The Old European Cut emphasized the color of a given diamond. The Round Brilliant Cut emphasizes brilliance — that efficient refraction and reflection of light for which diamonds are the most desired gemstone.

As more and more people laid eyes on the fireworks shows that can result from Round Brilliant Cut shape diamonds, this cut took off in popularity.

The popularity hasn’t died down. It’s unlikely to, since based on the physics of light and of diamond, there’s no better way to cut a diamond to maximize its brilliance.

If a diamond is forever, then so is the Round Brilliant Cut.

What to Look for in a Round Brilliant Cut Diamond

Beauty is said to be in the eye of the beholder, and the eyes of almost everyone beholding Brilliant Round Cut diamonds admire the following characteristics.

They look for …

  • Classic appearance: This cut has been around since the 19th Century, and gained preeminence during the 20th Century, shortly after WWI. Incredibly brilliant, and with a classic shape, it’s a statement of gorgeous style and taste which is always on point.
  • Beauty: Beauty is often tied to symmetry, and a Round Brilliant Cut diamond is symmetrical when viewed from any right angle. The reflection and refraction which results in their brilliance and beauty only serve to accentuate the perfectly symmetrical shape.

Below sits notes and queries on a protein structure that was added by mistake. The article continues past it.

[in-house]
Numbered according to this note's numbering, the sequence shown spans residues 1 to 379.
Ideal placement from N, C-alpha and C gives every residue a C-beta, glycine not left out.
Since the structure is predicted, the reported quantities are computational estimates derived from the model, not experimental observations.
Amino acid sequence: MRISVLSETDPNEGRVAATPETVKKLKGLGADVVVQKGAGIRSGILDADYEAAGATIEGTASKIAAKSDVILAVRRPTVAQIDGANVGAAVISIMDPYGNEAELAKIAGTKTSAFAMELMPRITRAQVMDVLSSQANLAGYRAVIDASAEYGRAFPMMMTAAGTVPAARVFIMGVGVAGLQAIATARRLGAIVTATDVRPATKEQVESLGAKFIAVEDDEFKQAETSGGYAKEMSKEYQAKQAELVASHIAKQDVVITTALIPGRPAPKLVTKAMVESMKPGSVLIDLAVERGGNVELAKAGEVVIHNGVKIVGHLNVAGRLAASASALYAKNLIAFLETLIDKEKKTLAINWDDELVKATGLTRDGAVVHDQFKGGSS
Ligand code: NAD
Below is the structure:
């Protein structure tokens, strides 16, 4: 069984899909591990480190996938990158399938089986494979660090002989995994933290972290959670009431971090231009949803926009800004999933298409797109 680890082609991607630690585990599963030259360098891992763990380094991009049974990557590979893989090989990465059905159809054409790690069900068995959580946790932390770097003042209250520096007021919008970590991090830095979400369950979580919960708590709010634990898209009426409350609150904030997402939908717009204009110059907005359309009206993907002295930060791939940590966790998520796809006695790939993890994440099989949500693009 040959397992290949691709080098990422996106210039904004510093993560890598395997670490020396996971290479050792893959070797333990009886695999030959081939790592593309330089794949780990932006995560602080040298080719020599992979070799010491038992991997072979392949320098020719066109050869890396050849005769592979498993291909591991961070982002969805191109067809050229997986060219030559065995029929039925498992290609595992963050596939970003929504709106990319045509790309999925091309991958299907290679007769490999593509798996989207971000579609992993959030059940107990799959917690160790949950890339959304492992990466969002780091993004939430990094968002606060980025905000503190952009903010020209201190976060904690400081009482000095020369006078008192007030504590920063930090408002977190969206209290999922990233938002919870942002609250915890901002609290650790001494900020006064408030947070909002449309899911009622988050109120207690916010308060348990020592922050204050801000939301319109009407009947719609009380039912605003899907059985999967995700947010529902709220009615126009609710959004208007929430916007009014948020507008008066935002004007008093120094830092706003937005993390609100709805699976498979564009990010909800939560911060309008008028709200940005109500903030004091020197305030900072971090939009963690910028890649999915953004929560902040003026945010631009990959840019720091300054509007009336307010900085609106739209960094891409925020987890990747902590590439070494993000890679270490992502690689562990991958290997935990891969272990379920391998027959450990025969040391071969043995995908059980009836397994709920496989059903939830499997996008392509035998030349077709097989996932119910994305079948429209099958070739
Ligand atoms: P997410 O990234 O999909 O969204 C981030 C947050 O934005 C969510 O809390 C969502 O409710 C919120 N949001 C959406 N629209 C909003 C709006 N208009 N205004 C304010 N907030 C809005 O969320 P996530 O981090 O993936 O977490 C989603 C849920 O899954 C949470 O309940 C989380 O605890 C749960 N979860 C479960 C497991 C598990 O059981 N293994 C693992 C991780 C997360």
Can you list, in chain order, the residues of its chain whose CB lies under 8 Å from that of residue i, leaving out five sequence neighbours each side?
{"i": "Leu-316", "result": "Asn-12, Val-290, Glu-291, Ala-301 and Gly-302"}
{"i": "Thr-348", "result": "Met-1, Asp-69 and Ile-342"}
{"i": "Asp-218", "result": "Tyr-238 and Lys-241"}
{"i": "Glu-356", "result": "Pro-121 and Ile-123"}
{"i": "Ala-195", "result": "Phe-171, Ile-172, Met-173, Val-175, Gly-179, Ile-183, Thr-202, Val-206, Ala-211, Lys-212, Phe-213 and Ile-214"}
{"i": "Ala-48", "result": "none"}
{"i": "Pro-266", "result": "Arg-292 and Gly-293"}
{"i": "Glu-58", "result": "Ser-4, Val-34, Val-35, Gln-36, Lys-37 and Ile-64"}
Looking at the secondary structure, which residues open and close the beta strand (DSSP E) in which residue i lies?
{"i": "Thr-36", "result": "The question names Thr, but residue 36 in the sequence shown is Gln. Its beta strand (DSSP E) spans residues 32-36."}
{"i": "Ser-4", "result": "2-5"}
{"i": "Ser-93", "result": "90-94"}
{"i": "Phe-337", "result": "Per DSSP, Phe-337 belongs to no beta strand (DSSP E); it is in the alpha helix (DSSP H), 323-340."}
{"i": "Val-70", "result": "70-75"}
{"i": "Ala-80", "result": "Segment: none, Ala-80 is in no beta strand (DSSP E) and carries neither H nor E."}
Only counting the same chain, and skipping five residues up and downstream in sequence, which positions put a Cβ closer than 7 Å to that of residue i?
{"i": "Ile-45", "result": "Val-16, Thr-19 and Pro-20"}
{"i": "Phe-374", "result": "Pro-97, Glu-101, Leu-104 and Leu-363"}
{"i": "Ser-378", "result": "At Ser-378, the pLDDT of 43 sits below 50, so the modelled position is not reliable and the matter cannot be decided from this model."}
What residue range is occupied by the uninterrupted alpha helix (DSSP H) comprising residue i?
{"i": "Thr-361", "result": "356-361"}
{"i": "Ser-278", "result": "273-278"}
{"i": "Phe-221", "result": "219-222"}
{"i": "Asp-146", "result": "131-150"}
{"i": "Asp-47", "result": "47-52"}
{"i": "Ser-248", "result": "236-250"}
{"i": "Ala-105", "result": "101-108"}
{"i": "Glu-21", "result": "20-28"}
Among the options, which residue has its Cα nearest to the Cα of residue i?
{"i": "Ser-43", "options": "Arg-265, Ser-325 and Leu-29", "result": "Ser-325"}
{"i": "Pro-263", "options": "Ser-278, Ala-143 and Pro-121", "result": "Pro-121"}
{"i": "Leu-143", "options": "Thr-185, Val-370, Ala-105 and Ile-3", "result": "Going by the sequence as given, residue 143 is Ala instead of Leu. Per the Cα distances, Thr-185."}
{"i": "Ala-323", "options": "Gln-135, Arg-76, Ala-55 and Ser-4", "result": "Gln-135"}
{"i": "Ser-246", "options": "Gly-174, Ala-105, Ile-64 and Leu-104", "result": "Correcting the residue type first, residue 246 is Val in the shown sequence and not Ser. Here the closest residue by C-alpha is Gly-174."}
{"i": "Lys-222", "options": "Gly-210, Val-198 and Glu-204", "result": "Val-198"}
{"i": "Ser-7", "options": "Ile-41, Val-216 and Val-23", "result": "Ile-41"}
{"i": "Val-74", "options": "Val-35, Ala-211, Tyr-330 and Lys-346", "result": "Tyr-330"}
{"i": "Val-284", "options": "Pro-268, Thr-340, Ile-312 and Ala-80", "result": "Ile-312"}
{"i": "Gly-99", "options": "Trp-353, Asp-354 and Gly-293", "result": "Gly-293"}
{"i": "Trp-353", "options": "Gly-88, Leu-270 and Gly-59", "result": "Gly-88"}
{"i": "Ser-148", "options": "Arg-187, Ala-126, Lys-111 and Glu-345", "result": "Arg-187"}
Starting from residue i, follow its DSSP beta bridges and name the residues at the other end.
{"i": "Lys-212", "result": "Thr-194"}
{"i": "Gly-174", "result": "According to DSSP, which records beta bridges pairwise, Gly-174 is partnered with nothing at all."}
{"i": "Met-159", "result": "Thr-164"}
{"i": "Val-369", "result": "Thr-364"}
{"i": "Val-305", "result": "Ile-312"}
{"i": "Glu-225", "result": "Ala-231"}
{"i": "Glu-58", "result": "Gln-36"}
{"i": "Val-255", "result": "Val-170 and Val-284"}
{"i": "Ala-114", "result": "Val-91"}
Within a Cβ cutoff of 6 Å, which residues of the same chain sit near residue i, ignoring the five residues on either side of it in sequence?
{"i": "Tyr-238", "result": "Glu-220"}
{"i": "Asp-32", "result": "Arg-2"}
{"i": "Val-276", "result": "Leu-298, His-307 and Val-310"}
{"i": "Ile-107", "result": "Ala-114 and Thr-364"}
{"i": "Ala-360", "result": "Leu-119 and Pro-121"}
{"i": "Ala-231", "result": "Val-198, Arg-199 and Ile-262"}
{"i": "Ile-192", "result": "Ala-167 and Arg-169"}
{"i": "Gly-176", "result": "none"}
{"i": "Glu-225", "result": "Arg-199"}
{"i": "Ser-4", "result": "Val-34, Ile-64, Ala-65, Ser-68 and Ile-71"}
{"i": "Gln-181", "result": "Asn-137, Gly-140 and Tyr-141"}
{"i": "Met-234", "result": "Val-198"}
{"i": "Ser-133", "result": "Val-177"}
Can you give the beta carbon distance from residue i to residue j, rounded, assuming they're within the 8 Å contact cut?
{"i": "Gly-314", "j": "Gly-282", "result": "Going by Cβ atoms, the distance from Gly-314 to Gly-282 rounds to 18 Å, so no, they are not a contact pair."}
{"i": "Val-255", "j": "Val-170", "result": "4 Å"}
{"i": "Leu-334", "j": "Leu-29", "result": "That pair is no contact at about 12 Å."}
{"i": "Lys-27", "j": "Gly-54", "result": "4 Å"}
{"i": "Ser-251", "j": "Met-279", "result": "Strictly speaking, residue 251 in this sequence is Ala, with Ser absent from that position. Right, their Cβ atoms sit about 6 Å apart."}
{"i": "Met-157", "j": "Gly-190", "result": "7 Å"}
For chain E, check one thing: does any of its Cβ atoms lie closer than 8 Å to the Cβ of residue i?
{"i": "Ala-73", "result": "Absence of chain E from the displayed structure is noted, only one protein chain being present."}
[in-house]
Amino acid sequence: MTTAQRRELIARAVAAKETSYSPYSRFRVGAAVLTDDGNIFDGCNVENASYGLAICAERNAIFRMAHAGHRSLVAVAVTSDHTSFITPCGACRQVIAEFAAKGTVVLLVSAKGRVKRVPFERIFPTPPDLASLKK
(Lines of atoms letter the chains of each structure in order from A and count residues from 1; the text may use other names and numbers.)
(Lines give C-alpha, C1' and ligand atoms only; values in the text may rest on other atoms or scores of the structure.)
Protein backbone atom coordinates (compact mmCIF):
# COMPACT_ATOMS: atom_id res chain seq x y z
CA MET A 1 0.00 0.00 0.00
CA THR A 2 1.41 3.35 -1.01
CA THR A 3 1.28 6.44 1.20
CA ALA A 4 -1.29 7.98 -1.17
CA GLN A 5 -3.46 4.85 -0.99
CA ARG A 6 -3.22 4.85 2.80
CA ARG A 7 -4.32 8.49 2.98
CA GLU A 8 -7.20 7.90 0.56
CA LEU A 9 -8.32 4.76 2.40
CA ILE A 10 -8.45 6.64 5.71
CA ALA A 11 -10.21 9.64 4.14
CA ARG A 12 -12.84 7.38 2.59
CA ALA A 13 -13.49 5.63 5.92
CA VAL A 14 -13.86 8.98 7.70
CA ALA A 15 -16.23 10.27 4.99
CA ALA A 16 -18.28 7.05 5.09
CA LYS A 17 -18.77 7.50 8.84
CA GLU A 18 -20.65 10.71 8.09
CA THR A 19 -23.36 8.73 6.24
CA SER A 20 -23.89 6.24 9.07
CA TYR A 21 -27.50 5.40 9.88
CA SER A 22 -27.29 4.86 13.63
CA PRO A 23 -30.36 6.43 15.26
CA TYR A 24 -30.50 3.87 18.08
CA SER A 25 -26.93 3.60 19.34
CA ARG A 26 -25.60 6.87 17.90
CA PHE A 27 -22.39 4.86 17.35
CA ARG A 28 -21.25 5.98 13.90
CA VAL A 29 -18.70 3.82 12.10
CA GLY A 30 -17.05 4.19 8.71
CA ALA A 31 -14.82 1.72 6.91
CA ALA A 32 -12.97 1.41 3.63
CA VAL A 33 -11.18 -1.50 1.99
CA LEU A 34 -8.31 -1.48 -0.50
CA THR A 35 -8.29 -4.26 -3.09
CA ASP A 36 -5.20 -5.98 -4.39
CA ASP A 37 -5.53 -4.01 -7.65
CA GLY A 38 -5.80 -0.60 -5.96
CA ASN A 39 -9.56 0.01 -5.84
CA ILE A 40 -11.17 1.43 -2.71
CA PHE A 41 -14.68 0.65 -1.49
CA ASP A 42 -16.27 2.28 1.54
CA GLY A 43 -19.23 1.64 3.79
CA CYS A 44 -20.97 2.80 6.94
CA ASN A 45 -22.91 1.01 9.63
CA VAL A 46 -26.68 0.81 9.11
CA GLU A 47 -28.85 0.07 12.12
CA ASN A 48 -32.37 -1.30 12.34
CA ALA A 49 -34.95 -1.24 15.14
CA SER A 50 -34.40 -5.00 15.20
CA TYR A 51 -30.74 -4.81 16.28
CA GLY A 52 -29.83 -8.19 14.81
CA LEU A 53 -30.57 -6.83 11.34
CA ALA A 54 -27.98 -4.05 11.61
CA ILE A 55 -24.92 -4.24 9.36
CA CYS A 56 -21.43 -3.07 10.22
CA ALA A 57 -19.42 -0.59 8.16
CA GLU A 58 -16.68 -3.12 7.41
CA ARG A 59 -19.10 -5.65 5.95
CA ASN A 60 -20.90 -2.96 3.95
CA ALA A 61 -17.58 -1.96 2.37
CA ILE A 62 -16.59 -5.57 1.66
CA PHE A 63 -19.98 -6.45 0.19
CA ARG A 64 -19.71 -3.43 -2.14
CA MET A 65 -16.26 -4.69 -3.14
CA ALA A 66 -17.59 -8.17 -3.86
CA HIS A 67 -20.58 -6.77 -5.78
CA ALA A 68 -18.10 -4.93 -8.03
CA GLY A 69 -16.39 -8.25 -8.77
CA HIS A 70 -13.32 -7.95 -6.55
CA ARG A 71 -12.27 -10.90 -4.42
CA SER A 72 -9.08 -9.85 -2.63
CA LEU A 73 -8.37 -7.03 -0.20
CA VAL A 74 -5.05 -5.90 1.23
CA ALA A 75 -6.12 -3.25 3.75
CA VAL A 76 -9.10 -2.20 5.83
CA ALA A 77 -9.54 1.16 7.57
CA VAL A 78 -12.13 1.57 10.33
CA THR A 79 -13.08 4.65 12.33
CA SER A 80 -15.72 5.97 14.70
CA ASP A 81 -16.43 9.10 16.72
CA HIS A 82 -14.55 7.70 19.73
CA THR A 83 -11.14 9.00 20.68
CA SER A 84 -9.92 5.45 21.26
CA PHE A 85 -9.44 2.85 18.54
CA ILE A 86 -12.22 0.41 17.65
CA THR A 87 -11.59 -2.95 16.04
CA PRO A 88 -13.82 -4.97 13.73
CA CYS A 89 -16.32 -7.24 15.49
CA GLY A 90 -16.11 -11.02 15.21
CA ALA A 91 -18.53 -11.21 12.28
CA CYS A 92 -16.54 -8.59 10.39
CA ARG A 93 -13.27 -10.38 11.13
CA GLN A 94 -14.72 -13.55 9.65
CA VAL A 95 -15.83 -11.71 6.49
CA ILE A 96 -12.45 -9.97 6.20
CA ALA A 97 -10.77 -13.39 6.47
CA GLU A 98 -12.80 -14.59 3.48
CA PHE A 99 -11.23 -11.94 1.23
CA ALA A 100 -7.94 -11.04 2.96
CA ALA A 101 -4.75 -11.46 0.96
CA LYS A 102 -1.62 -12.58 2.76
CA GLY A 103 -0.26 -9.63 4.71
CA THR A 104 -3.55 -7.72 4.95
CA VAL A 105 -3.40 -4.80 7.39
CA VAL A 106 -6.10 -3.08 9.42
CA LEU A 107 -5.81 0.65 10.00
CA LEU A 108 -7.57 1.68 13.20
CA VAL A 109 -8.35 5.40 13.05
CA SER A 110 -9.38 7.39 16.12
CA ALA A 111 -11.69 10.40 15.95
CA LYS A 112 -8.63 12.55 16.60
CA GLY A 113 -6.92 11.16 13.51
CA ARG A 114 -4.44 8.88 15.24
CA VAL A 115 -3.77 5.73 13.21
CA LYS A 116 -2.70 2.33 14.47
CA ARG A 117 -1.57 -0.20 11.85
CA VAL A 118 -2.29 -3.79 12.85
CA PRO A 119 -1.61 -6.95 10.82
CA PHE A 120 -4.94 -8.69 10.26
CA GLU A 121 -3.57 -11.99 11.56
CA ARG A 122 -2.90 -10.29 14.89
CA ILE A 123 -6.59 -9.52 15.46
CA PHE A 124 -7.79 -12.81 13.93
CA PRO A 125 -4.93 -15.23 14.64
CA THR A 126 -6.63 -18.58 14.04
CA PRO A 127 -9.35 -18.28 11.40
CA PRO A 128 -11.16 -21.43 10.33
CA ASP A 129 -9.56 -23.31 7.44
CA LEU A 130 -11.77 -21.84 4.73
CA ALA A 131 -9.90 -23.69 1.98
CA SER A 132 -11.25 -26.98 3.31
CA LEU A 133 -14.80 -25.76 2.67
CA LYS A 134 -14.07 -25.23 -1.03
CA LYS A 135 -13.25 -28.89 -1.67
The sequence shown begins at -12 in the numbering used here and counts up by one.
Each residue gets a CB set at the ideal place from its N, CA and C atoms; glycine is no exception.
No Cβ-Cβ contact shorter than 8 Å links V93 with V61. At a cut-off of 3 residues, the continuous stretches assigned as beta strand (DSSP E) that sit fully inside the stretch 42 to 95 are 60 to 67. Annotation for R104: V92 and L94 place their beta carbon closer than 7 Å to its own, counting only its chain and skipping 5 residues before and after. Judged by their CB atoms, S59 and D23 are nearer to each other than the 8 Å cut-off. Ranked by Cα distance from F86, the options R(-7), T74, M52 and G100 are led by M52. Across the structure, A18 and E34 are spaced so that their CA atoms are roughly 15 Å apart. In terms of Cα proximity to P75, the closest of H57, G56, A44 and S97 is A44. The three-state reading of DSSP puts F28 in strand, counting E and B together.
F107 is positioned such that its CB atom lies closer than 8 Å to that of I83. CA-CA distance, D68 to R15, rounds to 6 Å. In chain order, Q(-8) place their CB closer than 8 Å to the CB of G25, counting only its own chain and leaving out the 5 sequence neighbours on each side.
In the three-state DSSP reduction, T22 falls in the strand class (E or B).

• Style: The Round Brilliant Cut shape of diamond doesn’t clash with anyone’s style, from the most casual to the most elegant. Like many timeless looks, it complements anyone and anything they wear
  • Brilliance: With its 58 facets, the Round Brilliant Cut gathers light from all sides and sends most of that light out through the top of the diamond. This is the one of the two main qualities for which diamonds are prized, and the Round Brilliant Cut is superior here. Brilliant is quite literally its middle name.
  • Fire: Fire technically differs from brilliance in that Brilliance refers to all light, while Fire refers to a subset of light which is the rainbow color effect from refraction within the diamond. Lovely flashes of multicolored light stream from the top of a Round Brilliant Cut in a volume that is unmatched by any other cut.